From: Thomas Hockey et al. (eds.). The Biographical Encyclopedia of Astronomers, Springer Reference. New York: Springer, 2007, p. 547
Ibn Abī al‐Fatḥ al‐Ṣūfī: Shams al‐Dīn Abū ʿAbd Allāh Muḥammad ibn Abī al‐Fatḥ al‐Ṣūfī
Abī al‐Fatḥ al‐Ṣufi
Flourished Cairo, (Egypt), late 15th century/early 16th century
Ibn Abī al‐Fatḥ al‐Ṣūfī was an important Egyptian astronomer who wrote some 26 works on astronomy. These works include astronomical instruments, tables for timekeeping and other purposes, and important studies on Ulugh Beg's Zīj. His name and death date have been variously reported by both historical and modern sources. He has sometimes been confused with his father who pursued similar studies and had a similar name.
Although little is known about his life, we can surmise that Ibn Abī al‐Fatḥ al‐Ṣūfī was probably first educated by his father. He informs us in his Nihāyat al‐rutba fī al‐ʿamal bi‐jadwal al‐nisba that his education was guided by the famous Egyptian astronomer Sibṭ al‐Māridīnī. Indeed, his approach to astronomy, relying on mathematics and arithmetic and avoiding philosophical content, does place him within the tradition of the “Egyptian school” that began with Ibn al‐Hāʾim in 13th‐century Egypt, was further developed in the 14th‐century Maghrib with Ibn al‐Bannāʾ, continued with Ibn al‐Majdī, and matured with Sibṭ al‐Māridīnī.
There are 26 works attributed to Ibn Abī al‐Fatḥ al‐Ṣūfī that are currently extant; some of these may, though, be actually by his father. These works include astronomical and timekeeping tables, treatises dealing with astronomical instruments, and reworkings of Ulugh Beg's Zīj. In his Tashīl zīj Ulugh Beg (or Mukhtaṣar zīj Ulugh Beg), Ibn Abī al‐Fatḥ al‐Ṣūfī recalculated Ulugh Beg's tables, originally prepared for Samarqand, for Egypt. Similarly, Abū al‐Fatḥ al‐Ṣūfī wrote another work consisting only of tables called Bahjat al‐fikr fī ḥall al‐shams wa‐ʾl‐qamar. Undoubtedly, his most important astronomical study is Zīj Muḥammad ibn Abī al‐Fatḥ al‐Ṣūfī, which purports to be an emendation of Zīj‐i Ulugh Beg. His student, Taqī al‐Dīn, mentions in his Sidrat muntahā al‐afkār that Abū al‐Fatḥ al‐Ṣūfī improved the arithmetic of the zīj, as well as made new observations (although he provides little detailed information about their details).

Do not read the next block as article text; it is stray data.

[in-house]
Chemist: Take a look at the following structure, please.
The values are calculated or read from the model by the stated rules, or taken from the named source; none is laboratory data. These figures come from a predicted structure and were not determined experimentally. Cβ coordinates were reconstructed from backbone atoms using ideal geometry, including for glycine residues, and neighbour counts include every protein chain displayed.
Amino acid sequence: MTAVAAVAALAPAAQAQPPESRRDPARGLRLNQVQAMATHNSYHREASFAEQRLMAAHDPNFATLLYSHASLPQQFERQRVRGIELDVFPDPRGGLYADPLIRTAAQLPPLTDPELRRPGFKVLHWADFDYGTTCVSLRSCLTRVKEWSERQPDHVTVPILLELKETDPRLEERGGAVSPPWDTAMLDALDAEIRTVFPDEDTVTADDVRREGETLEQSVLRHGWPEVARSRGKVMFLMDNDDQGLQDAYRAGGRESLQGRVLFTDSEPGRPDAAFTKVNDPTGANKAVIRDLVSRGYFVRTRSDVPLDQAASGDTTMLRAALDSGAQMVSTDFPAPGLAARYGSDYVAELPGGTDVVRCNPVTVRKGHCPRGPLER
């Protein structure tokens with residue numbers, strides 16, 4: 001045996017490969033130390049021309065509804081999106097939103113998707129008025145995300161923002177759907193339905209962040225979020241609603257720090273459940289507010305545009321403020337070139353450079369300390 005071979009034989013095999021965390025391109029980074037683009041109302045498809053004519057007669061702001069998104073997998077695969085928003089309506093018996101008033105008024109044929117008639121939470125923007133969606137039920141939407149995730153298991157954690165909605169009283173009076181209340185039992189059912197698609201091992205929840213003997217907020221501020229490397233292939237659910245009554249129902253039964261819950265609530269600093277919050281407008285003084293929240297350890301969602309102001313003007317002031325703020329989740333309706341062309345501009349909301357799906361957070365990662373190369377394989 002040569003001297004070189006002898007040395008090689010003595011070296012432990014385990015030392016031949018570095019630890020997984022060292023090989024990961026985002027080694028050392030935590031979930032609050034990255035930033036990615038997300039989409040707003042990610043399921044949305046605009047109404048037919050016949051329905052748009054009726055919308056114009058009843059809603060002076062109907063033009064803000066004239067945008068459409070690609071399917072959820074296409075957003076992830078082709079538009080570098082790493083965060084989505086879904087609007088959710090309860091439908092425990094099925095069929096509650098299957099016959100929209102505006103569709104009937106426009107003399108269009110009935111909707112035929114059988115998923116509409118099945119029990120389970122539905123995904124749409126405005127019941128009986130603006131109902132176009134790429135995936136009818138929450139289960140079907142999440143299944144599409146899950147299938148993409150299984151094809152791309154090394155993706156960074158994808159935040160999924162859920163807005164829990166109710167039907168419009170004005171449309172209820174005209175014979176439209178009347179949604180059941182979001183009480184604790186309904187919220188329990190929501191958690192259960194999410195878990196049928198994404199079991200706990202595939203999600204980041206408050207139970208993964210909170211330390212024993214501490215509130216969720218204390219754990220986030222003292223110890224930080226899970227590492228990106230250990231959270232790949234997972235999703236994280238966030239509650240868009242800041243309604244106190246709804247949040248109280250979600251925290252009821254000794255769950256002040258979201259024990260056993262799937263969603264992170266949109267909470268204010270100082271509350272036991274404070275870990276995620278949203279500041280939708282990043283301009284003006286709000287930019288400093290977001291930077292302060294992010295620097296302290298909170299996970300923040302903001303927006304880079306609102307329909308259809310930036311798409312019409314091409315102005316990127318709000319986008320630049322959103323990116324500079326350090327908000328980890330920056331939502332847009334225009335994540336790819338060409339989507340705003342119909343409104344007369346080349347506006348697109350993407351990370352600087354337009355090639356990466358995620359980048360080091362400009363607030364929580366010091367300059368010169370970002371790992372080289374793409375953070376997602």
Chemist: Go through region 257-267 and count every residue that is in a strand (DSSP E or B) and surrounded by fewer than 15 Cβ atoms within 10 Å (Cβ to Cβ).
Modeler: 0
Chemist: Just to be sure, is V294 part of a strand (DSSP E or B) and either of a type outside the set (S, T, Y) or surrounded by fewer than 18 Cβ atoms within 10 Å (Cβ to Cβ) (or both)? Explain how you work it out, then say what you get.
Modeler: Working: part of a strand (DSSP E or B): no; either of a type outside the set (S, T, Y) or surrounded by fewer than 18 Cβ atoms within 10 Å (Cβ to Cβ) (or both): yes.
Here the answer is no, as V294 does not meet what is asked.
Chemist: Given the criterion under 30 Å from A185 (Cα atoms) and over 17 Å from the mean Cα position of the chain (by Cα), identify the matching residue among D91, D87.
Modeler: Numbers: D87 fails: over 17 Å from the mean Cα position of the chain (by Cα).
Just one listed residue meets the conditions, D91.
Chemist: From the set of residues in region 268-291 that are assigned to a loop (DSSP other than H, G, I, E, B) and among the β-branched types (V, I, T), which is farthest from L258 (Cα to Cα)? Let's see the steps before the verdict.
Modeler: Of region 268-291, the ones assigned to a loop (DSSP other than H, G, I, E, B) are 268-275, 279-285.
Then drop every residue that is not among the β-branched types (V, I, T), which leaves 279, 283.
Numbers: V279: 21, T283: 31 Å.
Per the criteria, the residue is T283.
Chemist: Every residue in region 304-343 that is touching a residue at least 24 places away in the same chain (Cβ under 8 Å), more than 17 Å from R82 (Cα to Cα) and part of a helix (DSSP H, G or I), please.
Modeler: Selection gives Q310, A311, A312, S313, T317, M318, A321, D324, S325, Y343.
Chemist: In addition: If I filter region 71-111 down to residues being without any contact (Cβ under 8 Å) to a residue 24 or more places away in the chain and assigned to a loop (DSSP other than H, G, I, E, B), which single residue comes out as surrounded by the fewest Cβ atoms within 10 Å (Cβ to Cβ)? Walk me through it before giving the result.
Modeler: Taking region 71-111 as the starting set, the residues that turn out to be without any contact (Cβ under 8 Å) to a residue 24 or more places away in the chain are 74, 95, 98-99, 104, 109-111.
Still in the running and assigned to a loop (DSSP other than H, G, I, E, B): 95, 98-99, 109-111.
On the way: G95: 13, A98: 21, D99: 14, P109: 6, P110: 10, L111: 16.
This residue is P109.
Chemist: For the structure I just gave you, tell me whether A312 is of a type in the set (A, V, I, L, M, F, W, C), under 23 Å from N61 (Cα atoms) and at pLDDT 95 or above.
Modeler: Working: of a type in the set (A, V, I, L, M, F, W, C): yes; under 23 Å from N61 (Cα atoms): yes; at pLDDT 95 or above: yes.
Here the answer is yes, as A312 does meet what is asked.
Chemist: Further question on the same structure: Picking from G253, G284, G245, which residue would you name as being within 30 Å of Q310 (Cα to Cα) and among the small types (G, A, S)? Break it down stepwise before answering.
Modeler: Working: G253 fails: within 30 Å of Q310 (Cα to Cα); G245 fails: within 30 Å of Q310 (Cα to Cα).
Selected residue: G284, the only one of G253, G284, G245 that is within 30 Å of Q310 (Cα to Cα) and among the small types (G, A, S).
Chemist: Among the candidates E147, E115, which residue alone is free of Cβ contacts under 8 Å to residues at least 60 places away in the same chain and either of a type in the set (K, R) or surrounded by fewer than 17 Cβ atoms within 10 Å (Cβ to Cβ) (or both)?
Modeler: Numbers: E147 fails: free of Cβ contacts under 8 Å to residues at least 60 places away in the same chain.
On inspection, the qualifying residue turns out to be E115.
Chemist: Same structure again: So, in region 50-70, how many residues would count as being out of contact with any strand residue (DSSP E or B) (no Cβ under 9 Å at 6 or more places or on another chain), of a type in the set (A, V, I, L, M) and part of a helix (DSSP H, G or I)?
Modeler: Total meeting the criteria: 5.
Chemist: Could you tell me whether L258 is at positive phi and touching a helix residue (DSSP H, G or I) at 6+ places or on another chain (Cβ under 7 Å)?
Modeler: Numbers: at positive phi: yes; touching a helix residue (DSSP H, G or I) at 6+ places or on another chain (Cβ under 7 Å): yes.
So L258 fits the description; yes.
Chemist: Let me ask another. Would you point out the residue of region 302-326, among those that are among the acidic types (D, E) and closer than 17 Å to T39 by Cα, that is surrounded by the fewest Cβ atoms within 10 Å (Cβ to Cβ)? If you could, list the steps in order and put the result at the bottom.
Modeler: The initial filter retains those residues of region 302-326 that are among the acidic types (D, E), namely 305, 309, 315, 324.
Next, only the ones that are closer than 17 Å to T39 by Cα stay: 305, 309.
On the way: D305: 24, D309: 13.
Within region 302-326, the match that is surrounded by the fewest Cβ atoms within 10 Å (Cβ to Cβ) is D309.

Ibn Abī al‐Fatḥ al‐Ṣūfī wrote several books on astronomical instruments based on the work of Ibn al‐Shāṭir and Ibn al‐Sarrāj. He wrote on a quadrant called al‐rubʿ al‐mujannaḥ and on a timekeeping device called ṣandūq al‐yawāqīt that was invented by Ibn al‐Shāṭir. In other works he describes two little‐known instruments called the “Goose Chest” and the “Crow Wing” and how to use sand clocks.
Ibn Abī al‐Fatḥ al‐Ṣūfī's influence was widespread and enduring as indicated by a commentary on his Nubdhat al‐isʿāf fī maʿrifat qaws al‐khilāf by the Egyptian astronomer Ramaḍān ibn Ṣāliḥ al‐Khwānakī (died: 1745). He also trained a number of students. He encouraged his student Yaḥyā ibn ʿAlī al‐Rifāʿī to translate Ulugh Beg's Zīj from Persian into Arabic. This translation made this Zīj more widely accessible in Ottoman lands; there are currently more than 20 extant copies. Ibn Abī al‐Fatḥ al‐Ṣūfī's most important student, though, was the great astronomer Taqī al‐Dīn, who corrected and completed Ulugh Beg's Zij and would become the founder of the Istanbul Observatory.
Bağdadlı İsmail, Paşa (1955). Hadiyyat al‐ʿārifīn. Vol. 2, pp. 198, 238, 621. Istanbul.
——— Īḍāḥ al‐maknūn. Vol. 1: (1945): 197; Vol. 2: (1947): 530. Istanbul.
Brockelmann, Carl (1949). Geschichte der arabischen Litteratur. 2nd ed. Vol. 2: 159; Suppl. 2 (1938): 159. Leiden: E. J. Brill.
İhsanoğlu, Ekmeleddin et al. (1997). Osmanlı Astronomi Literatürü Tarihi (OALT) (History of astronomy literature during the Ottoman period). Vol. 1, pp. 116–126 (no. 58). Istanbul: IRCICA.
Janin, Louis and David A. King (1977). “Ibn al‐Shāṭir's Ṣandūq al‐yawāqīt: An Astronomical ‘Compendium.’” Journal for the History of Arabic Science 1: 187–256. (Reprinted in King, Islamic Astronomical Instruments, XII. London: Variorum Reprints, 1987.)
Kātib Čelebī (1941). Kashf al‐ẓunūn ʿan asāmī al‐kutub wa‐ʾl‐funūn. Vol. 1, cols. 127, 966–967, 970. Istanbul.
King, David A. (1981 and 1986). A Catalogue of the Scientific Manuscripts in the Egyptian National Library (in Arabic). 2 Vols. Cairo: General Egyptian Book Organization.
Rosenfeld, B. A. and Ekmeleddin Ihsanoğlu (2003). Mathematicians, Astronomers, and Other Scholars of Islamic Civilization and Their Works (7th–19th c.). Istanbul: IRCICA, pp. 300–303.